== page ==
If we are lucky diners, baked pumpkin steel cut oatmeal will be on the menu.  This is a delicious breakfast treat that can be made the night before and eaten throughout the week.  Another one of Faith’s great ideas, the chewy oats combined with creamy pumpkin and spices make this a fun way to liven up an oatmeal breakfast.  (The only changes I’ve made when making this dish were to increase the spices a tad and sub soymilk for dairy, neither of which are reflected below.)

Baked Pumpkin Steel Cut Oatmeal

recipe adapted from Faith Durand at The Kitchn
serves 4 to 6

2 tablespoons unsalted butter, divided
1 1/2 cups steel cut oats
1 cup pumpkin puree
1/3 cup brown sugar
1 teaspoon cinnamon
1 teaspoon ginger
1/2 teaspoon cloves
1/4 teaspoon nutmeg
2 cups milk
2 1/2 cups warm water
1 teaspoon vanilla
1/2 teaspoon salt

  1. Heat oven to 375 degrees. In a large oven-proof saucepan with lid or Dutch oven, heat 1 tablespoon of the butter over medium-high heat.  Add the oats and toast them, stirring frequently.  Adjusting the heat as necessary.
  2. Push the oats over to the side of the pan, and add the second tablespoon of butter in the cleared area of the pan. Add the pumpkin, sugar, and spices cooking the rawness out of the pumpkin about 3 to 4 minutes. Stir frequently.
  3. Add the milk.  Stir to combine.  Add the water, vanilla and salt.  Stir to combine.
  4. Put a lid on the pan and bake for about 35 minutes.  (Be very careful when removing lid.  Steam burns!)  Stir the oatmeal. It will thicken as it cools. Serve immediately or refrigerate for the week ahead.

 

basil, lemon, and lime

These last bits and bites of summer.  While I reach with outstretched arms to grab hold (even though my yoga training has taught me not to grasp!) of the increasingly shorter days, I wanted to bake a sweet with basil, lemon, and lime.  These cookies are easy to make.   All ingredients go into one bowl.

Lemon-Lime Basil Shortbread Cookies

Adapted from Bon Appétit’s Test Kitchen, July 2011 

Cook’s Notes:  I substituted whole wheat flour. (I know – sacreligious in shortbreads, but I couldn’t help myself.)  I also made the dough with my hands rather than a food processor.  Since I wanted the cookie to be a little more savory than sweet, I opted not to use sanding sugar.  

Ingredients

  • 1 c. all-purpose flour
  • 1/2 c. powdered sugar plus more for pressing cookies
  • 1/2 c. (1 stick) chilled unsalted butter, cut into 1/2″ cubes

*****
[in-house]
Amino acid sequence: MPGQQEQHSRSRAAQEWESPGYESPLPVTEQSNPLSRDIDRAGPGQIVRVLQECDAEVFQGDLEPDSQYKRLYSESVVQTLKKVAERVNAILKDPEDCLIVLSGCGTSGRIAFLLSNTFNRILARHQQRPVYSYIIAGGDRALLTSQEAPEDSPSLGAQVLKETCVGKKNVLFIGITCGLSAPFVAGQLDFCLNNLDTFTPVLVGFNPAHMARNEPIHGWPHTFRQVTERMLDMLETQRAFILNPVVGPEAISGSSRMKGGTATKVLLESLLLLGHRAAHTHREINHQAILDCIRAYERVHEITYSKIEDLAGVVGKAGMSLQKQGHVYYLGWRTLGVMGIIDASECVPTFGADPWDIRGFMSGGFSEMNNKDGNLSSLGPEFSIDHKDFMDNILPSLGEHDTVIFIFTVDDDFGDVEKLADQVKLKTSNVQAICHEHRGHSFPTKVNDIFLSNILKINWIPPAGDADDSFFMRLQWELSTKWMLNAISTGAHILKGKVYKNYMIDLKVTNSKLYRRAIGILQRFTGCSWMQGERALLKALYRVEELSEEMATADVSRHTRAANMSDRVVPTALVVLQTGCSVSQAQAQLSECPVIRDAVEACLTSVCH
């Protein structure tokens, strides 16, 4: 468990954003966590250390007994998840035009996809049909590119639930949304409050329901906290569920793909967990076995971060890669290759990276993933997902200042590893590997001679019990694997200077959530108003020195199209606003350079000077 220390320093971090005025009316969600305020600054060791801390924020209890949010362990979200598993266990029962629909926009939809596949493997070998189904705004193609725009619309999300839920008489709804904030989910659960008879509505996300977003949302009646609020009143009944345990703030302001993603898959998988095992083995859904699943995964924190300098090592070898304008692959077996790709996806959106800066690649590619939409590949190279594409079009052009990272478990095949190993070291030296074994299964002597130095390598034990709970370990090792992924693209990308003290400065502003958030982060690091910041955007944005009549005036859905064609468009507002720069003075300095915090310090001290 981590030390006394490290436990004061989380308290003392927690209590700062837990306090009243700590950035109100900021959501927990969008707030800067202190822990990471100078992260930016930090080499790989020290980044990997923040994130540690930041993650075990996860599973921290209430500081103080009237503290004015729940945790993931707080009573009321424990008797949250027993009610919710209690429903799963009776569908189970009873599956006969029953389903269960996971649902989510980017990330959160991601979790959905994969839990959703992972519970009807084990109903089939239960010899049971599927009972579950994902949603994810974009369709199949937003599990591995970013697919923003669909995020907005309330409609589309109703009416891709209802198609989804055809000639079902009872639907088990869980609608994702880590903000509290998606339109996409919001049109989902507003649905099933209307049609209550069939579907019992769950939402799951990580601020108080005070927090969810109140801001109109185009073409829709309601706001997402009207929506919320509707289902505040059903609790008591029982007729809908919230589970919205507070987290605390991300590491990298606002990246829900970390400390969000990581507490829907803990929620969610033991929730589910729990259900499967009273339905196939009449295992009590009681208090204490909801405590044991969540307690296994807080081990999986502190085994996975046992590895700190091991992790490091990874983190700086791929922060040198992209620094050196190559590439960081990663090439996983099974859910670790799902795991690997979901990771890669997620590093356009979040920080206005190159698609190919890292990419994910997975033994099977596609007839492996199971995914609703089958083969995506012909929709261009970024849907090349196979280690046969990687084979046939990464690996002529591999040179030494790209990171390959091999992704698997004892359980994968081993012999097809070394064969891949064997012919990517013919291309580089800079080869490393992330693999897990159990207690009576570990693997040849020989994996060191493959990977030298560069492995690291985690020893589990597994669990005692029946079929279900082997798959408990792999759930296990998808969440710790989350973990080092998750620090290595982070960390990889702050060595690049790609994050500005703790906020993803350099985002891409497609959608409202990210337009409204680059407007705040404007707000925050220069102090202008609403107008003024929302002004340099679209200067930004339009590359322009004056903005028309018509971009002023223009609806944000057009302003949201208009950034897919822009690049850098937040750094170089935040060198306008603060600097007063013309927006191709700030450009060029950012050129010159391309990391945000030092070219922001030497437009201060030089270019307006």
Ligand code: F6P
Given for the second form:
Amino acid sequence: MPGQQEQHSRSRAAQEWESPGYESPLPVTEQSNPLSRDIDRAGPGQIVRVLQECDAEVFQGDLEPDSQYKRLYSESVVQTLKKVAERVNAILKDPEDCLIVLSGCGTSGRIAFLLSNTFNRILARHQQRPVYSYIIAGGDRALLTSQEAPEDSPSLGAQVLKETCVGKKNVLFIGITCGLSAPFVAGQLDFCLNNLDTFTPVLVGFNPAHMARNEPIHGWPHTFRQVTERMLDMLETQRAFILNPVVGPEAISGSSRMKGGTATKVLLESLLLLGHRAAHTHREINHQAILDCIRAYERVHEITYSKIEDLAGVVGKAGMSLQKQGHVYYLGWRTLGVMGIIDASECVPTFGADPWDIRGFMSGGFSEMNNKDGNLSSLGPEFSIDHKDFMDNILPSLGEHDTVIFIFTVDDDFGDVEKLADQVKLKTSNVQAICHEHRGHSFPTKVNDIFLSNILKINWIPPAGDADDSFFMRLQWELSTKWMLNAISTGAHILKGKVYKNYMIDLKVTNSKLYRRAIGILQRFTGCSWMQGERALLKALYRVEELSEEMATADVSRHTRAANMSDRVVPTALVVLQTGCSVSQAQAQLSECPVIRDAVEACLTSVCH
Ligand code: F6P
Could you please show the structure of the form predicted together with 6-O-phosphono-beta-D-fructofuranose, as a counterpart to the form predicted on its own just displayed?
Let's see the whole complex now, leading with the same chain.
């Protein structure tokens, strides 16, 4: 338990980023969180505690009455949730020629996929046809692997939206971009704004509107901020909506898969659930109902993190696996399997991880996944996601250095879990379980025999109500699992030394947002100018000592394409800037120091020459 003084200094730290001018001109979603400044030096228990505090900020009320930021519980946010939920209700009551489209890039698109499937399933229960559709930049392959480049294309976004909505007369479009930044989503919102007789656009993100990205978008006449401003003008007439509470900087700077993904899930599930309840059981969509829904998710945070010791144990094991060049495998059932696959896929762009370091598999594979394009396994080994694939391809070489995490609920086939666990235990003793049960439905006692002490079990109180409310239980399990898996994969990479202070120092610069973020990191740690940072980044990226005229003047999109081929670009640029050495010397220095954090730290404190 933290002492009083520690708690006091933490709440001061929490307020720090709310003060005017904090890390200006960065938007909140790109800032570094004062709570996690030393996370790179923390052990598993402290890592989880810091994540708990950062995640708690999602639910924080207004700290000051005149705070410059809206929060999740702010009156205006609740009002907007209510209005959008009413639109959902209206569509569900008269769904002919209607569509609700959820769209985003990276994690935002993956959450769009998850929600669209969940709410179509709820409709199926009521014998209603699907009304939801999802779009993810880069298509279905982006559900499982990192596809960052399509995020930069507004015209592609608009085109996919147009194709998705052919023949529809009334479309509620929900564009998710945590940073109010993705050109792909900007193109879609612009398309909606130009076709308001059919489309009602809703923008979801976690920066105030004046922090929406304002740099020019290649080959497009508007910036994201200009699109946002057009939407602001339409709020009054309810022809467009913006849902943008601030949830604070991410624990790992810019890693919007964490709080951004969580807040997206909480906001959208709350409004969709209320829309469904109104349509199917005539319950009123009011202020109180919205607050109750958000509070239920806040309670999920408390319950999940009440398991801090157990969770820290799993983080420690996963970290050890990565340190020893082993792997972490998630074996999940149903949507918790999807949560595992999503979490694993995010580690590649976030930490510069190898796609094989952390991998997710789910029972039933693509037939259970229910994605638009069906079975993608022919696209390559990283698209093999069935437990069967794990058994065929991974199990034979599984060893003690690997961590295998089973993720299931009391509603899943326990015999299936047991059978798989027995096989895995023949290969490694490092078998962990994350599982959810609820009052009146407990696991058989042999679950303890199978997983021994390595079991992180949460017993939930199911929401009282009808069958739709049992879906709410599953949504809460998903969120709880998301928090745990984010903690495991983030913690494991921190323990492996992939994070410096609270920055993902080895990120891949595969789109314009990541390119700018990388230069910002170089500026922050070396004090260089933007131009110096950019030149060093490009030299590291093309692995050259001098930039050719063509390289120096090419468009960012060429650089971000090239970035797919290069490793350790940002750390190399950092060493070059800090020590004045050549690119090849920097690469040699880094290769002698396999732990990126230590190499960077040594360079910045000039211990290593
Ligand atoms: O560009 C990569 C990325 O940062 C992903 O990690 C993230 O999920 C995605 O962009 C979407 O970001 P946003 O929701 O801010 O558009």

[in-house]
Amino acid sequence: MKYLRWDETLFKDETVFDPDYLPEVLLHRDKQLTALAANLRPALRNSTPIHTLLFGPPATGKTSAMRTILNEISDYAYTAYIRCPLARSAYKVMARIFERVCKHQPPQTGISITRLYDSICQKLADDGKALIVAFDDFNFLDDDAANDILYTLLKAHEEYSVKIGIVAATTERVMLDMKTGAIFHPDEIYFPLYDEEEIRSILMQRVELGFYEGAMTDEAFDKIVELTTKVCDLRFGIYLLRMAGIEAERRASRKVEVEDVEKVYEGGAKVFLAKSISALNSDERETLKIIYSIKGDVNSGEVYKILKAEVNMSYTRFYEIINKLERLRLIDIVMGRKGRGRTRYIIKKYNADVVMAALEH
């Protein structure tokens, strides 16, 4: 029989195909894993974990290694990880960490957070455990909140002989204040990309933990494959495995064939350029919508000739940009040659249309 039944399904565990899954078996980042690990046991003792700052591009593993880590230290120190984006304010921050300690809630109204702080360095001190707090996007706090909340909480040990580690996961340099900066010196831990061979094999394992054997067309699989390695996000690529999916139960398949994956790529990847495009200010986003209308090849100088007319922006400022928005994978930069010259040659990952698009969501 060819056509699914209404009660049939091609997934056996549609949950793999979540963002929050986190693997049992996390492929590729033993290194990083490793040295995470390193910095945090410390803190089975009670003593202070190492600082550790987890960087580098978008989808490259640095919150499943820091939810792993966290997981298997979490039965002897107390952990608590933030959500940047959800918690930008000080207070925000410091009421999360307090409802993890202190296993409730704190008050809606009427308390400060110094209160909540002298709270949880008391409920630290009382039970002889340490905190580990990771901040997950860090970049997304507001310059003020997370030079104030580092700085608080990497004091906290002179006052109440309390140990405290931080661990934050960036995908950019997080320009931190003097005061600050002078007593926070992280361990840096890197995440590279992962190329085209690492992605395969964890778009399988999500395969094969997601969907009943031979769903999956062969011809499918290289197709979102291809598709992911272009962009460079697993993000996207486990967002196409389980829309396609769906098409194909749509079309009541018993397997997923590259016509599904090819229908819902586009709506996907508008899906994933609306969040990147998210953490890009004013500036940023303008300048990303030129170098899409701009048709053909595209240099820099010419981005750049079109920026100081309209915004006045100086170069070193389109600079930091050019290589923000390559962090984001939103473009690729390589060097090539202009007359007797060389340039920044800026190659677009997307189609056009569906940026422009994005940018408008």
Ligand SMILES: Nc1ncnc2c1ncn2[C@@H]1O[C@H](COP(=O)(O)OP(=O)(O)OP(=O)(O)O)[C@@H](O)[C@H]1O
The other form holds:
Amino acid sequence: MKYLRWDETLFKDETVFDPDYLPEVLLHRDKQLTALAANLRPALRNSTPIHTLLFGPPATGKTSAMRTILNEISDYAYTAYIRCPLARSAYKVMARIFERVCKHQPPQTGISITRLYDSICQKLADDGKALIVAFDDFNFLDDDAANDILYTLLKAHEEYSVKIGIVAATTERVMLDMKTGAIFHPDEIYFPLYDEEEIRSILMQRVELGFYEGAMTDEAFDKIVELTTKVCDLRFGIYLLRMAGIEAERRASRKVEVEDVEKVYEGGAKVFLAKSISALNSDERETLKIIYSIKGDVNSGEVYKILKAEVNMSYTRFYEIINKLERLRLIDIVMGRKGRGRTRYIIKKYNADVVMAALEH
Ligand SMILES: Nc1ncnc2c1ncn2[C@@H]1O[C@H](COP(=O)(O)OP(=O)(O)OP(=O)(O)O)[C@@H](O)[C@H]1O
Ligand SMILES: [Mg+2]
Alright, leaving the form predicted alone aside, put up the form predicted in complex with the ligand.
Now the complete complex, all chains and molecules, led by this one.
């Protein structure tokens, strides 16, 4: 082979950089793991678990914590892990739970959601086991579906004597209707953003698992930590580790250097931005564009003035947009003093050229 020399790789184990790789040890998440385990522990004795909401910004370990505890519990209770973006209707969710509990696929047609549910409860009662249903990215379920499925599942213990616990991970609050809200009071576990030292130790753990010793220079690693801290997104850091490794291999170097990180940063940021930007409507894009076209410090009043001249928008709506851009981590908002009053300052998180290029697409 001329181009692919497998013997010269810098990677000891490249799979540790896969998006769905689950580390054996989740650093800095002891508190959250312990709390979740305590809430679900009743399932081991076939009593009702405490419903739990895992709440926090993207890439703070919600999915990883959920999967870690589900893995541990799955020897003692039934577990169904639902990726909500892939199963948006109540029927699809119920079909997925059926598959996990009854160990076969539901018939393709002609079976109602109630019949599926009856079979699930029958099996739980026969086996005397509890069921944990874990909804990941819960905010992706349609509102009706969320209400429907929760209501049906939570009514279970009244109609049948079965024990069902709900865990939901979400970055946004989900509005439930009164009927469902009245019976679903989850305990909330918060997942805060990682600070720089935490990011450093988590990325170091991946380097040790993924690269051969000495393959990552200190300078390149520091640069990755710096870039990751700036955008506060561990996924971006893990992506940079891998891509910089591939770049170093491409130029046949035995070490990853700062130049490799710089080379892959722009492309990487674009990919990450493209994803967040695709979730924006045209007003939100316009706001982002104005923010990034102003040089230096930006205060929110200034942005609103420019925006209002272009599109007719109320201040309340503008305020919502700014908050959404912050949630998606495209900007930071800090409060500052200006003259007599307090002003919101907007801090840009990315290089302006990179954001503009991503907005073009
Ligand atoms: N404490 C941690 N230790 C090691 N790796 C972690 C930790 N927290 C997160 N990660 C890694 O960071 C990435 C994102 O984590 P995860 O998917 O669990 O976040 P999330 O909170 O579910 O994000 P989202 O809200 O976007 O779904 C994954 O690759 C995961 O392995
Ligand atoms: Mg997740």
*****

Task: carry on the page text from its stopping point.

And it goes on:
• 2 T. sliced fresh basil leaves
  • 1 t. finely grated lemon zest plus 1 T. fresh lemon juice
  • 1/2 t. finely grated lime zest
  • 1/4 t. kosher salt
  • sanding sugar (optional)

Instructions

  1. Preheat oven to 375°. Place flour, 1/2 cup powdered sugar, butter, basil, both zests, lemon juice, and salt in a food processor, or in a medium size mixing bowl if combining ingredients with your hands.  Pulse until large, moist clumps form. Measure level tablespoonfuls of dough.  Roll between your palms to form balls. Place on a large baking sheet, spacing 2″ apart. Lightly dust the bottom of a flat measuring cup with powdered sugar and press cookies into 2″ rounds, dusting cup bottom with powdered sugar as needed to prevent sticking. Sprinkle tops of cookies with sanding sugar, if using.
  2. Bake until edges are golden brown, about 10-13 minutes. Transfer to a wire rack. Cool.

spaciousness or slurry

Recently, I was grooming our two pups.  We were outside.  It was at least 90 degrees with 85% humidity.  Mosquitoes were using us as their breakfast.  Ollie was wiggling.  Simon wanted nothing to do with any kind of grooming tool being placed on his body.  Hair, sweat, and fur were combined in a slurry on my face.  (Oh yeah, there may have also been some blood in the slurry due to the mosquito that bit me on the forehead.)

Did I have a feeling of spaciousness in these moments?  Ah, no.  In fact, I didn’t have a feeling of anything other than… oh my goodness, let’s get this done!  Between those thoughts and trying to keep the fur out of my mouth, I became sucked into the process.  I did not maintain presence of mind; and, I didn’t realize it until I got them both inside and got myself cleaned up.  Isn’t that how living in today’s world is?  Modern society sucks us into it’s process of being.  And, dare I say, we allow it to happen.